I was a little bummed when the Boston Red Sox grabbed Yankees pitching prospect Garrett Whitlock in last December’s Rule 5 Draft and probably a little more disappointed that he has been a camp surprise who has ensured a place on Boston’s Opening Day roster. I guess it is good for him given he probably would not have achieved similar success with the Yankees. At least not right now.  The likelihood the Red Sox will be a division bottom feeder this year probably means Whitlock will be able to stay on the roster for the duration of the season. Perhaps it is just a testament to the strength of arms the Yankees have in their system. It is simply not possible to keep all of them. I would never begrudge Whitlock opportunity to play in the Major Leagues. This is what he has played for, even if he is now wearing the wrong uniform.

Speaking of the Red Sox, the COVID-19 diagnosis for Matt Barnes probably means Boston will open the season with Adam Ottavino as their closer. Look, I loved Otto as a Yankee, but I am glad he is not my team’s closer. When he is on, he is unhittable. But when he is off, balls are going everywhere except into the catcher’s mitt. Good luck with that, Alex Cora. 

Last off-season, I wanted the Yankees to re-sign Masahiro Tanaka. Instead, the team made the decision to use Masa’s money to sign Corey Kluber and trade for Jameson Taillon. It seemed a bit risky given the recent health history for the latter two pitchers. Yet, the healthy pitchers this spring have been Kluber and Taillon. As for Masa, a calf injury will sideline him and delay his return debut for the Rakuten Golden Eagles. For Masa’s sake, I am glad it is just a calf injury and nothing to do with his arm or shoulder. Hopefully, he will be back soon and ready to show Rakuten fans what they have missed while he was away in New York.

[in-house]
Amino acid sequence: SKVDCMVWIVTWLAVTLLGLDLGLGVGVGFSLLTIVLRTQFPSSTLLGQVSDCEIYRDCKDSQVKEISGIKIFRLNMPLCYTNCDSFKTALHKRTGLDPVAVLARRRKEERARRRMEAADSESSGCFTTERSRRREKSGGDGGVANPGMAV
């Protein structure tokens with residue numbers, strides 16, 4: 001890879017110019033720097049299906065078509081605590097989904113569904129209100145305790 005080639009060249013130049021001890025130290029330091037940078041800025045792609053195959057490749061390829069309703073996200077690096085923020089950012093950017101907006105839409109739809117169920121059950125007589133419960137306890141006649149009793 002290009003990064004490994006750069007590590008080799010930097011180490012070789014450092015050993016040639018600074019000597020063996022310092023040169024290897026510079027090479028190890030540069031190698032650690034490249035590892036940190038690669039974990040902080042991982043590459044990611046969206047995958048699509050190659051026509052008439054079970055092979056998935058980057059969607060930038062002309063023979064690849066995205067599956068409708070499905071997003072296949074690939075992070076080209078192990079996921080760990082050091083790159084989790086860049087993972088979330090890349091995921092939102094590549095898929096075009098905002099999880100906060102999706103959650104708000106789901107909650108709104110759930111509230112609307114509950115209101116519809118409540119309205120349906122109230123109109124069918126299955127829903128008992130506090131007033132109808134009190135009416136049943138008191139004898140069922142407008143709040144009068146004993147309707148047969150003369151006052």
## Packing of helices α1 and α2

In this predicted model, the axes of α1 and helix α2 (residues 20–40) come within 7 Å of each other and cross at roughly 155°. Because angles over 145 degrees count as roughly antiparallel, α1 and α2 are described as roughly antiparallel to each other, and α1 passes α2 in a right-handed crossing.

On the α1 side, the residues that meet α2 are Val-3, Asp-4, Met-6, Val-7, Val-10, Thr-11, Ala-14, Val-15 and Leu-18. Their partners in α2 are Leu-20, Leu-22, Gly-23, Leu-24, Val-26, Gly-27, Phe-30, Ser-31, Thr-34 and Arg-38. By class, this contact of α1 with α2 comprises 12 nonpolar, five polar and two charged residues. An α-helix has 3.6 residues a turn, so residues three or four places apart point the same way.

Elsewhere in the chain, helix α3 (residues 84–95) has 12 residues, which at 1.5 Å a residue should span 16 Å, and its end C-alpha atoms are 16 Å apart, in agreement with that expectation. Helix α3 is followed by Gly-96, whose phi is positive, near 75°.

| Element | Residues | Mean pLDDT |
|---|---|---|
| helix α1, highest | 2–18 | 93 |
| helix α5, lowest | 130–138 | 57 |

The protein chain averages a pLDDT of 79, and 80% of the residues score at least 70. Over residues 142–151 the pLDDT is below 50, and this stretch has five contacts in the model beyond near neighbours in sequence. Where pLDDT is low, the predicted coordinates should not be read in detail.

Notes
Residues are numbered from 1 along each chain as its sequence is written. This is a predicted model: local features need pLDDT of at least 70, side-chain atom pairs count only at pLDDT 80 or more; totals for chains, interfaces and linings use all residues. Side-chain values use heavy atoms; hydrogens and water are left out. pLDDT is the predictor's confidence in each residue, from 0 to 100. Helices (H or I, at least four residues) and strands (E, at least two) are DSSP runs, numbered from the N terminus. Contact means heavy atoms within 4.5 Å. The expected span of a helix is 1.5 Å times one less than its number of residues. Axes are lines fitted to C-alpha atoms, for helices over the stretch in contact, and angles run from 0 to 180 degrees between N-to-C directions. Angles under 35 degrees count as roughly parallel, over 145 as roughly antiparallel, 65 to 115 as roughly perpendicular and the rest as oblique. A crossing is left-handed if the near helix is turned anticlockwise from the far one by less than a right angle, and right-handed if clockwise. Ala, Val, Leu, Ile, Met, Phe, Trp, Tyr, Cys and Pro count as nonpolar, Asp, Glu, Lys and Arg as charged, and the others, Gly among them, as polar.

It is always tough when former Yankee greats pass. The latest is 96-year-old Dr Bobby Brown. At 96 years, he had a good run. I primarily remember him as the President of the American League, but he did have a successful post-playing career as a cardiologist in Texas. I would say it was a life well served. As a third baseman, Brown won four World Series titles with the Yankees and was the last surviving member of the 1947, 1949 and 1950 World Series champions. Brown was noted for his post-season success. In 17 World Series games and 46 plate appearances, he hit .439/.500/.707/1.207, with five doubles and three triples. I like the story of when he told his wife during their courtship prior to marriage and before he had met her parents. “Tell your father I’m a third baseman for the Yankees. Tell your mother I’m in medical school.” Dr. Brown, thank you for your accomplishments, for your memories, and for your service. You will be missed but never forgotten. Rest peacefully.


As always, Go Yankees!

Sunday, March 14, 2021

Deivi Pleads the Fifth...

  

Photo Credit: Charles Wenzelberg, NY Post

Garcia states his case today…

Today is a big day for Deivi Garcia (well, as big as Spring Training games can get). For him, it is a battle for the fifth spot in the starting rotation. Facing expected top AL East challenger, the Toronto Blue Jays (sorry Rays fans), Deivi can make a statement for Manager Aaron Boone and others with a strong performance.

Personally, and although I do not care for him personally, I think Domingo German has the leg up (arm up?) on Garcia. German has pitched very effectively this Spring and with a stronger MLB resume, I think German will receive first consideration. There will be opportunities for the young guys like Garcia, I just do not think he starts the year in the rotation (barring injuries, of course).  If I had my choice, I would love to see Garcia beat out German, but the realist in me says it will not happen. Yet, I think he will receive his opportunities over the course of the long season, and it will be fun to watch him get better and better with every pitch. Maybe this time next year, we are not asking if he will make the rotation, but which spot in the order of the starters.

I am starting to think Jay Bruce is going to make the Yankees’ Opening Day roster. When he was signed to a minor league deal, I did not really see how he fit the roster, but he continues to prove he can add value with his bat, plus playing some time at DH and first base. Not sure how much I would want to throw him in the outfield, but an occasional spot start is not the end of the world. I had wanted Derek Dietrich over Bruce but at this point, if one makes it, it is more probable it will be Bruce. I think the loser if Bruce makes the team is Mike Ford, not Mike Tauchman, but who knows. There are surprises every year.